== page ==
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How often should I take a rest day from running?

Running is a great way to stay fit and healthy. However, it’s important to balance your running with adequate rest to allow your body to recover and get stronger. Here is some guidance on how often you should take a rest day based on your running frequency and intensity.

For beginning runners

If you are just starting out with running, it is generally recommended to have at least 1-2 rest days between each run. When you first begin running, your muscles, joints, bones, and ligaments need time to adapt to the new stress being placed on them. Taking regular rest days will allow your body to strengthen and help prevent overuse injuries.

Here is a sample beginning running schedule with 2 rest days per week:

Monday Tuesday Wednesday Thursday Friday Saturday Sunday
Run Rest Run Rest Run Rest Rest

Aim to run about 3 days per week as a beginner, with at least 1-2 rest days between each running day. This allows your body adequate recovery time while still stressing it enough to gradually build fitness.

Tips for beginner runners

  • Focus on duration rather than speed or distance at first
  • Aim to run for 20-30 minutes per session
  • Run at an easy, conversational pace
  • Take walking breaks as needed
  • Listen to your body and take extra rest days if needed, such as if you feel pain or excessive fatigue

For intermediate runners

Once you have built up a base level of running fitness, you can increase your running frequency to 4-5 days per week. However, it’s still important to build in recovery days, especially after longer or more intense runs.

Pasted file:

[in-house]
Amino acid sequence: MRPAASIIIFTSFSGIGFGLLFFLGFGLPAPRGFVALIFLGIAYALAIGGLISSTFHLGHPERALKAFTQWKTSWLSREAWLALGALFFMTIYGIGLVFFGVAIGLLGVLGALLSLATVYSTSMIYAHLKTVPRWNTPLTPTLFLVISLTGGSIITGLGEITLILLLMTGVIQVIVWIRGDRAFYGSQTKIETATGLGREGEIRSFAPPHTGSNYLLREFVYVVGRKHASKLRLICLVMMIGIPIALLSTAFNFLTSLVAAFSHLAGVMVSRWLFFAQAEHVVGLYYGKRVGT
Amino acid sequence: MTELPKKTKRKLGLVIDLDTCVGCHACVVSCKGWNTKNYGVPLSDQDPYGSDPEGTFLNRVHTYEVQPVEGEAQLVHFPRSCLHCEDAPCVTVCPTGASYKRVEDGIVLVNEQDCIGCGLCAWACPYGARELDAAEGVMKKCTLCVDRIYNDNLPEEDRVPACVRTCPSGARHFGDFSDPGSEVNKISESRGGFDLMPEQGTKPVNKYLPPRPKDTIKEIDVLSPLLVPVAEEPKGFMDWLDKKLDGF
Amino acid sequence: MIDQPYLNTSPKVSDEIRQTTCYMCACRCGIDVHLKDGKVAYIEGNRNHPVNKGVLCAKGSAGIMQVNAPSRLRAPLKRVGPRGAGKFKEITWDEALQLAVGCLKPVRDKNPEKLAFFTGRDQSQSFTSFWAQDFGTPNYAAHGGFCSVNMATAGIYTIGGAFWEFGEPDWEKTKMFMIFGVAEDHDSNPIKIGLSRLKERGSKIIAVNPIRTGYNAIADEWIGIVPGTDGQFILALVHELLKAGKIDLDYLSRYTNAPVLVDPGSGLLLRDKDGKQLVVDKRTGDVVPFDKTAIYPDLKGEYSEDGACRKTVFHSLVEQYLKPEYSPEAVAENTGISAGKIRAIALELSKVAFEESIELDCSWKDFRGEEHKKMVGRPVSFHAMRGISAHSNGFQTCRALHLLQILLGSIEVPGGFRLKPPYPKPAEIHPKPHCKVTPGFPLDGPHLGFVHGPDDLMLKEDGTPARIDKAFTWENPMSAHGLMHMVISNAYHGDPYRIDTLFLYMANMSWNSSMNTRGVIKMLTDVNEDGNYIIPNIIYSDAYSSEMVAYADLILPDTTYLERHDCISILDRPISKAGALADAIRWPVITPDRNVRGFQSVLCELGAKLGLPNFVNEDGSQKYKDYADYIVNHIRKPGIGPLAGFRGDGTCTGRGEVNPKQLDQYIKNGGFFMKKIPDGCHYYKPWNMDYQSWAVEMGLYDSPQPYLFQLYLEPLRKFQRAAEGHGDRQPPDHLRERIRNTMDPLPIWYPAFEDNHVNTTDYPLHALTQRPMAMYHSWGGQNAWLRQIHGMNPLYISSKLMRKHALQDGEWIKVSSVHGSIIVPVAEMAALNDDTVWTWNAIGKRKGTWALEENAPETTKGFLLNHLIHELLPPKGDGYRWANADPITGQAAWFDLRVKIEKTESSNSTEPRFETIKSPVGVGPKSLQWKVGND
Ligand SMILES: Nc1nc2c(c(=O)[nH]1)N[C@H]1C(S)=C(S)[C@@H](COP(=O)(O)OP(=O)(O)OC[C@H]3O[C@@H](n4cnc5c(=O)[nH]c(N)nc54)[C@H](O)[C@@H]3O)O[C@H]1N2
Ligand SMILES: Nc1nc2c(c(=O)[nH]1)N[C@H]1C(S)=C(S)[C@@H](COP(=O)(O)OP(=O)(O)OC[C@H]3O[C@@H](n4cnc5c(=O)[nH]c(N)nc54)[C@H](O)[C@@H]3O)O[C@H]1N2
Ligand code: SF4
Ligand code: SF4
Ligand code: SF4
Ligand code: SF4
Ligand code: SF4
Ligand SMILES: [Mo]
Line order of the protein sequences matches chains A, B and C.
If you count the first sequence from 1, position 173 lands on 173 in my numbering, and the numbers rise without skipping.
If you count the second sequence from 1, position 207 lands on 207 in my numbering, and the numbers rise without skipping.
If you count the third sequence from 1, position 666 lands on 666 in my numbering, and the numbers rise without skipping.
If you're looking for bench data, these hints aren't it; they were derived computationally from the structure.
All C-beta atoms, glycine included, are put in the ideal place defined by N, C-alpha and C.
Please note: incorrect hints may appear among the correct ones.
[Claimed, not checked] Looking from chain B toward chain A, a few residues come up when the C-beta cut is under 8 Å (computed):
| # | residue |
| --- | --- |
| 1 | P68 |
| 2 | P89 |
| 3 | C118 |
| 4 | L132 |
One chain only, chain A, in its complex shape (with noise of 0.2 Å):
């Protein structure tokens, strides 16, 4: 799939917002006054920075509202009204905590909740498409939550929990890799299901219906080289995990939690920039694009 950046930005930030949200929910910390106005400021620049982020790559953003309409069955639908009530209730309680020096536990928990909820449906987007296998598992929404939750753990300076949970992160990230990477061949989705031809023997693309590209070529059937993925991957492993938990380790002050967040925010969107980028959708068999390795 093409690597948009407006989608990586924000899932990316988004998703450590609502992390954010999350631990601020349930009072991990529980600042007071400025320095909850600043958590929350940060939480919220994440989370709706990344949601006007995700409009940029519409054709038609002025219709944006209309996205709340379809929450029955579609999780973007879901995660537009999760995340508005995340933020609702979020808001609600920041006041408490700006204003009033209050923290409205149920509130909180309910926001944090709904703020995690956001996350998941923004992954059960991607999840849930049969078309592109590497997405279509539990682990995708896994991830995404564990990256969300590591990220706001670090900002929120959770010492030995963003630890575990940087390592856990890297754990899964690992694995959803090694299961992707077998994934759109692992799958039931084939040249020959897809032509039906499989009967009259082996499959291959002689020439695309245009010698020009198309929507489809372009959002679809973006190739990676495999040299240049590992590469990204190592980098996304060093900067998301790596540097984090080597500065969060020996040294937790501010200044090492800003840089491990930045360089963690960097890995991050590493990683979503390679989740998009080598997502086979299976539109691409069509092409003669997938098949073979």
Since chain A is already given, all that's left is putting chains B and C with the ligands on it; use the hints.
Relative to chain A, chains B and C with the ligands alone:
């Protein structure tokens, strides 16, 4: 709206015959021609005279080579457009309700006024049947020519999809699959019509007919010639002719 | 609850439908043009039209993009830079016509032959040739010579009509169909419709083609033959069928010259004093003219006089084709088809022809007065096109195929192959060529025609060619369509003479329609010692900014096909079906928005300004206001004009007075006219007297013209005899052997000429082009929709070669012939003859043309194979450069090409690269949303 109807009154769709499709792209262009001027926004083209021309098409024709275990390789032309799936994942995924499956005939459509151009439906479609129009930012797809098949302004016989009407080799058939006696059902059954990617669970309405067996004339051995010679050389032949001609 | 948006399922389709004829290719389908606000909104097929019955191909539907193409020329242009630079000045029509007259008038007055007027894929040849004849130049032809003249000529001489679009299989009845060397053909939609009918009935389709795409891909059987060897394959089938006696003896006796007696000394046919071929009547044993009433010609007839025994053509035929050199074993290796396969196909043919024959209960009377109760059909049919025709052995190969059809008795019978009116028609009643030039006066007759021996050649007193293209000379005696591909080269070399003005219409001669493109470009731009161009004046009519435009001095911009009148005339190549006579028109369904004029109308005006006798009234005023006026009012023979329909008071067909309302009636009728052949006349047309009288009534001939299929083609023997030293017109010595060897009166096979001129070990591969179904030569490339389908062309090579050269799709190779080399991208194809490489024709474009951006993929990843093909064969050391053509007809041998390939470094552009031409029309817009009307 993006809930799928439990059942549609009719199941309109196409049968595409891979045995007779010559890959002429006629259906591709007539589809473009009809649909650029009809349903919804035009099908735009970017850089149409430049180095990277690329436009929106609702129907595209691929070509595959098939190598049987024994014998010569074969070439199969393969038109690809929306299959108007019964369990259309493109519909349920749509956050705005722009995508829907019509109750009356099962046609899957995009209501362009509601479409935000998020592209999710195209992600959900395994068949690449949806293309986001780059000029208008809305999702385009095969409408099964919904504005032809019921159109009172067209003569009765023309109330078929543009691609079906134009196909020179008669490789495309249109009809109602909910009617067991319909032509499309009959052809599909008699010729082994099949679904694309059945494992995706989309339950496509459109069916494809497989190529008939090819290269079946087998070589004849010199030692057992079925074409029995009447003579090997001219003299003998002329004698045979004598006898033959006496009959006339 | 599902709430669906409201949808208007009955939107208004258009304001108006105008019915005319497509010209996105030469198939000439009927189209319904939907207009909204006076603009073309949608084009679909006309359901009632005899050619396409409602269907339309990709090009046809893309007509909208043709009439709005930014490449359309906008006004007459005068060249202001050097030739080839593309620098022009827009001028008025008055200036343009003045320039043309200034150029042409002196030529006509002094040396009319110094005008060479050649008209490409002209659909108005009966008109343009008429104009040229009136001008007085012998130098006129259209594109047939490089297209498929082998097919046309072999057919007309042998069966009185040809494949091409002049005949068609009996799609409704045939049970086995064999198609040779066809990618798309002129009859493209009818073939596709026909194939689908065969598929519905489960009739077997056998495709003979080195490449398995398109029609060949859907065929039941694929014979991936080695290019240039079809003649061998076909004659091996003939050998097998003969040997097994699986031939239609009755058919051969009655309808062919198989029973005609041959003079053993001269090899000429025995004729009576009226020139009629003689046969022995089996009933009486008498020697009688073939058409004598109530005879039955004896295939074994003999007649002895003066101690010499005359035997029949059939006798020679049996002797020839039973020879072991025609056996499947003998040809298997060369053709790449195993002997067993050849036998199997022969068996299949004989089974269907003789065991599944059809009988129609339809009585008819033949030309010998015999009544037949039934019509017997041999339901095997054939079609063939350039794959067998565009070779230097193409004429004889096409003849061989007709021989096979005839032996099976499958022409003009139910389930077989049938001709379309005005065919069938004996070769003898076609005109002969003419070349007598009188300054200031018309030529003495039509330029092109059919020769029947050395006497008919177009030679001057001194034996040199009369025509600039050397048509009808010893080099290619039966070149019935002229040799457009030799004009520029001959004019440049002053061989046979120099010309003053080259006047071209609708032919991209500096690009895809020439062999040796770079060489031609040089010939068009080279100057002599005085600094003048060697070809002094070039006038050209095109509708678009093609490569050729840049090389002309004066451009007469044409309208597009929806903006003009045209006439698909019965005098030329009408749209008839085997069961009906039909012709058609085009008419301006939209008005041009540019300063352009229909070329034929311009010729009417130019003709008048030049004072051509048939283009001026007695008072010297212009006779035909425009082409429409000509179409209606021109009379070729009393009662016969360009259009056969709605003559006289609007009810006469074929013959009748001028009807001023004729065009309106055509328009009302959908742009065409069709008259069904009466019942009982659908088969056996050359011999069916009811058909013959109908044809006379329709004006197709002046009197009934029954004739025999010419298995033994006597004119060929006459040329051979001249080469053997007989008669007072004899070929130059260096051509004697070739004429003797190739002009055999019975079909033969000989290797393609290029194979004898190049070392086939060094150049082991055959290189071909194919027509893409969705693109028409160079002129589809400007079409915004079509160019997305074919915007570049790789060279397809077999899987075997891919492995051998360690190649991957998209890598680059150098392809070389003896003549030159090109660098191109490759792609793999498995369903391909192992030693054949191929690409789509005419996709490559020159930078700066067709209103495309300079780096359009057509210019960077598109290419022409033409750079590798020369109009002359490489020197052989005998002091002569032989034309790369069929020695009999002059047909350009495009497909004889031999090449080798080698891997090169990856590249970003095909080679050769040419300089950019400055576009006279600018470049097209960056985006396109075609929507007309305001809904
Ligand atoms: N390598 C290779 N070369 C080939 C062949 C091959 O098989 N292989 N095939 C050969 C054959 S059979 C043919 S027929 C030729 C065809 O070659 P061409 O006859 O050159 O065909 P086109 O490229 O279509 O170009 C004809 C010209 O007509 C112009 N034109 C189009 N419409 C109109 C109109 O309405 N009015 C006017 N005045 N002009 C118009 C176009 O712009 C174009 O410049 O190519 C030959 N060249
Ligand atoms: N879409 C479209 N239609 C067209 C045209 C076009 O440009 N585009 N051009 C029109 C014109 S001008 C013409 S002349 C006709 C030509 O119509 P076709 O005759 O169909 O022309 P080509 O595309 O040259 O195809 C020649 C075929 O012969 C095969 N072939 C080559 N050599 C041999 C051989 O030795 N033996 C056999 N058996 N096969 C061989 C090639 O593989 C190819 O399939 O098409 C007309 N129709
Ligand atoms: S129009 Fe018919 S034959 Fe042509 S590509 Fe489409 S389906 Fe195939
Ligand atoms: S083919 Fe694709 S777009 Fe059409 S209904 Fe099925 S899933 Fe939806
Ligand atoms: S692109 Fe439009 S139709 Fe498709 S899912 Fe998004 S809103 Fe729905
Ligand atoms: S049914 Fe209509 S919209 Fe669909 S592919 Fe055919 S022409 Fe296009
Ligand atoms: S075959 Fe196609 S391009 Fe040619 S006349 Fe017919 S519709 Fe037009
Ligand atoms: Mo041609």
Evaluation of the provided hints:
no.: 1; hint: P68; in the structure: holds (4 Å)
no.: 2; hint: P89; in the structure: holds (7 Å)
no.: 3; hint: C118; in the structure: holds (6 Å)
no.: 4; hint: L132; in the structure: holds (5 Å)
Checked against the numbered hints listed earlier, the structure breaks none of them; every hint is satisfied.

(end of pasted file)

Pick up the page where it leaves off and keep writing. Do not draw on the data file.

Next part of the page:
Here is a sample intermediate running schedule with 2 rest days per week:

Monday Tuesday Wednesday Thursday Friday Saturday Sunday
Easy run Rest Tempo run Easy run Long run Rest Easy run

Aim for a mix of easy runs, tempo runs, and a weekly long run. Take at least 1 full rest day after your long run or hard workout days. You may also consider taking an extra rest day if you feel particularly fatigued.

Tips for intermediate runners

  • Begin to incorporate speedwork like tempo runs and intervals 1-2x per week
  • Schedule rest days and easy runs after long runs or intense workouts
  • Take easy recovery runs at a conversational pace
  • Listen to your body and take extra rest as needed
  • Focus on running duration before increasing distance

For advanced runners

When running higher mileages and intensity, recovery becomes even more critical. Aim for at least 1-2 rest days per week when running 5-6 days per week.

Here is a sample advanced running schedule with 2 rest days:

Monday Tuesday Wednesday Thursday Friday Saturday Sunday
Speedwork Easy run Tempo run Easy run Long run Rest Rest

Advanced runners should take at least 1 full rest day after intense workouts or long runs. You may also consider taking 2 full rest days per week, especially if training for a marathon or running high mileage.

Tips for advanced runners